Finally, a few new upgrades.  I have been watching tutorials on ShotCut, and was able to produce a little more professional video. Thanks MechaLion for the support! And thanks to Gunnar Olsen for providing some cool music for the Fail Lizard to crawl to.  :)

AND we now have the domain  !!

Friday, August 17, 2018

DARPA - Subterranean Challenge

Earlier this year DARPA (Defence Advanced Research Projects Agency) announced the next Robotics Challenge. This challenge will be underground! They are looking for robots to be capable of exploring and mapping underground structures.  The challenge will have three subdomains: Man made tunnel systems, Urban Underground, and Natural Cave Networks.

The previous Robot Challenges included the original grand challenge of self navigating robots and more recently general robots for human activities.  NASA also recently completed a Robotics Challenge, and will have a new one starting later this year.  NASA Space Robotics Challenge 2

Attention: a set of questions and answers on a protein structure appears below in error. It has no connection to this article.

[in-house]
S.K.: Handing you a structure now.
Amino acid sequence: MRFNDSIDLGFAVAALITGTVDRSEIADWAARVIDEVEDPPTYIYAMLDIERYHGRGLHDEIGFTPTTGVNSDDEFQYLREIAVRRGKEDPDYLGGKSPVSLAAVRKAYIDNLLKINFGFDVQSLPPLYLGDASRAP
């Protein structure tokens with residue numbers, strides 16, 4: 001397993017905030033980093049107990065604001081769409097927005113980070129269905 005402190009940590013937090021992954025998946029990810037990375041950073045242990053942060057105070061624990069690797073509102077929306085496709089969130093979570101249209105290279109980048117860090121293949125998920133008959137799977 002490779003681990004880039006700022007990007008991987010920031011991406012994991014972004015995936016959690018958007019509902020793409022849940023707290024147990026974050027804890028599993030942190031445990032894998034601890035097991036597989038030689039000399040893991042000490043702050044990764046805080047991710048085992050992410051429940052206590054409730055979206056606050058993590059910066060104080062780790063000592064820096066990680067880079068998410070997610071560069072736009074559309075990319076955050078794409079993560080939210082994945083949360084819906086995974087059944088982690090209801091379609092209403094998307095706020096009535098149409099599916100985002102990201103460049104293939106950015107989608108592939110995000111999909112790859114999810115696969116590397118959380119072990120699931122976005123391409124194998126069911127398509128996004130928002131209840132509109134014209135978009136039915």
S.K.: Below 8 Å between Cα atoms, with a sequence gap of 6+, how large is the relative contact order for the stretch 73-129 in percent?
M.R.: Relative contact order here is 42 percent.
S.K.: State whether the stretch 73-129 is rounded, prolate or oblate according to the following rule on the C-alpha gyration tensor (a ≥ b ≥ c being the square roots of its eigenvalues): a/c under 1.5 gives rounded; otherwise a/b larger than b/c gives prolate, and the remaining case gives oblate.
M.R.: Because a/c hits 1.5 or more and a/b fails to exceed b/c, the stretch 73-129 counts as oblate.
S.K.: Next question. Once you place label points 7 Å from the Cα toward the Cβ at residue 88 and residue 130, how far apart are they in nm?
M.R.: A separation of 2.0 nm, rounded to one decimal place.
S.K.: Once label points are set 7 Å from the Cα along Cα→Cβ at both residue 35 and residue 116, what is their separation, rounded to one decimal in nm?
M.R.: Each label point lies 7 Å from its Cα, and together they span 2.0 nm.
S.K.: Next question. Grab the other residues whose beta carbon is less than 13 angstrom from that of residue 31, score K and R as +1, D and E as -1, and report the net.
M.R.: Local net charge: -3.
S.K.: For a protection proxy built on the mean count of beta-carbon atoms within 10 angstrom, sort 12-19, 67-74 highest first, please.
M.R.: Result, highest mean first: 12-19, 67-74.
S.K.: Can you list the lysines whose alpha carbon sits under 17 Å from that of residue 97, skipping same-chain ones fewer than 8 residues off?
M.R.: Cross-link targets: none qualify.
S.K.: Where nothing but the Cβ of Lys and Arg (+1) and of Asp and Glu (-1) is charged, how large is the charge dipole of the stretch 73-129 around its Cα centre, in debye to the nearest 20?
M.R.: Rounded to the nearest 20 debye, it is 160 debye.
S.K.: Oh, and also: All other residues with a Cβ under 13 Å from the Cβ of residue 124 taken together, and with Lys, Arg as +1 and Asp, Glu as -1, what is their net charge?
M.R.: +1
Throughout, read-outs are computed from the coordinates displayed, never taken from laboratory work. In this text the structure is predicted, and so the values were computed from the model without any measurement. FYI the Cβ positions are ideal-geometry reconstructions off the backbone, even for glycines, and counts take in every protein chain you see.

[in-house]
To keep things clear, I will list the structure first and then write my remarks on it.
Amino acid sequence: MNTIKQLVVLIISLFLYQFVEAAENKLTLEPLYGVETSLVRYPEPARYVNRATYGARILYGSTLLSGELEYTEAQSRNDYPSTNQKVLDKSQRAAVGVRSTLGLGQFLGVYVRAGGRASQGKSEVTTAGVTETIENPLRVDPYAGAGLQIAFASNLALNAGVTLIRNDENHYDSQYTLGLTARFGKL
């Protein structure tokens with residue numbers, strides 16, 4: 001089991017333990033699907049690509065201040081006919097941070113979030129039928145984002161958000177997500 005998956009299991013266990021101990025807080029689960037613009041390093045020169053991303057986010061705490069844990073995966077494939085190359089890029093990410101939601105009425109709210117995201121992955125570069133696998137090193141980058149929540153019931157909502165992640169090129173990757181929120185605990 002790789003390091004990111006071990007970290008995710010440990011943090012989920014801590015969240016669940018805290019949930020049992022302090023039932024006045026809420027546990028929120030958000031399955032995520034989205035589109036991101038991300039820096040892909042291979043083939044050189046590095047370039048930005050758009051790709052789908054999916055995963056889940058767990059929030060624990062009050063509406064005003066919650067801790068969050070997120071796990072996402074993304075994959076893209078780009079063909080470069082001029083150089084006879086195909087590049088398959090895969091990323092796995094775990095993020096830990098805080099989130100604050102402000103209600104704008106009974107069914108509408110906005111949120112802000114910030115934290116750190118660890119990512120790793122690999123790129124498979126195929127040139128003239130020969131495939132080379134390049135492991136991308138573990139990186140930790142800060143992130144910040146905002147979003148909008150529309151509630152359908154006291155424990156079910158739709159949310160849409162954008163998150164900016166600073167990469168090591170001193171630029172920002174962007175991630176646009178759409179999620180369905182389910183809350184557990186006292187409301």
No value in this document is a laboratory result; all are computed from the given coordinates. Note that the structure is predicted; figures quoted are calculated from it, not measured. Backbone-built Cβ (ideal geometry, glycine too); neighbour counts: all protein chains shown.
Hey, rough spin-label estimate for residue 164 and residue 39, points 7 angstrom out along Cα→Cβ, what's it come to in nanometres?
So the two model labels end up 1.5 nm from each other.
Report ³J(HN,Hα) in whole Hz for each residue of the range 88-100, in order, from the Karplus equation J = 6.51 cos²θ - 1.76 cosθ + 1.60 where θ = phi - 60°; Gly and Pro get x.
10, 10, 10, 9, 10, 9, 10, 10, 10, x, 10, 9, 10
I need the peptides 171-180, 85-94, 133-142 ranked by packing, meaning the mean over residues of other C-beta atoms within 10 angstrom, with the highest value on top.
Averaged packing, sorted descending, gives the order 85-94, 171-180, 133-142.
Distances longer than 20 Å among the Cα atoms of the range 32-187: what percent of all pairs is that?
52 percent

Both DARPA and NASA will have a track that allows for Virtual competition.  The simulation platform of choice is Gazebo part of the Open Source Robotics Foundation managers of the Robot Operating System ROS.

It is natural to think of the use cases and value an underground mapping robot capability could provide.  The recent search and rescue of the 12 boys in Thailand come to mind. Also, many science fiction movies show the future tech of a cave mapping robot, such as seen in the movie Prometheus.

It will be interesting to see the innovation that is spurred from these competitions.  Perhaps they will could find value in a Totally Not Evil Robot Army!

Friday, August 10, 2018

Mojo (#12) - Servo Up!

Mojo is my compliant quadruped robot, that 'almost' walks. Currently it is just a staggering, stumbling, and falling over compliant quadruped! :)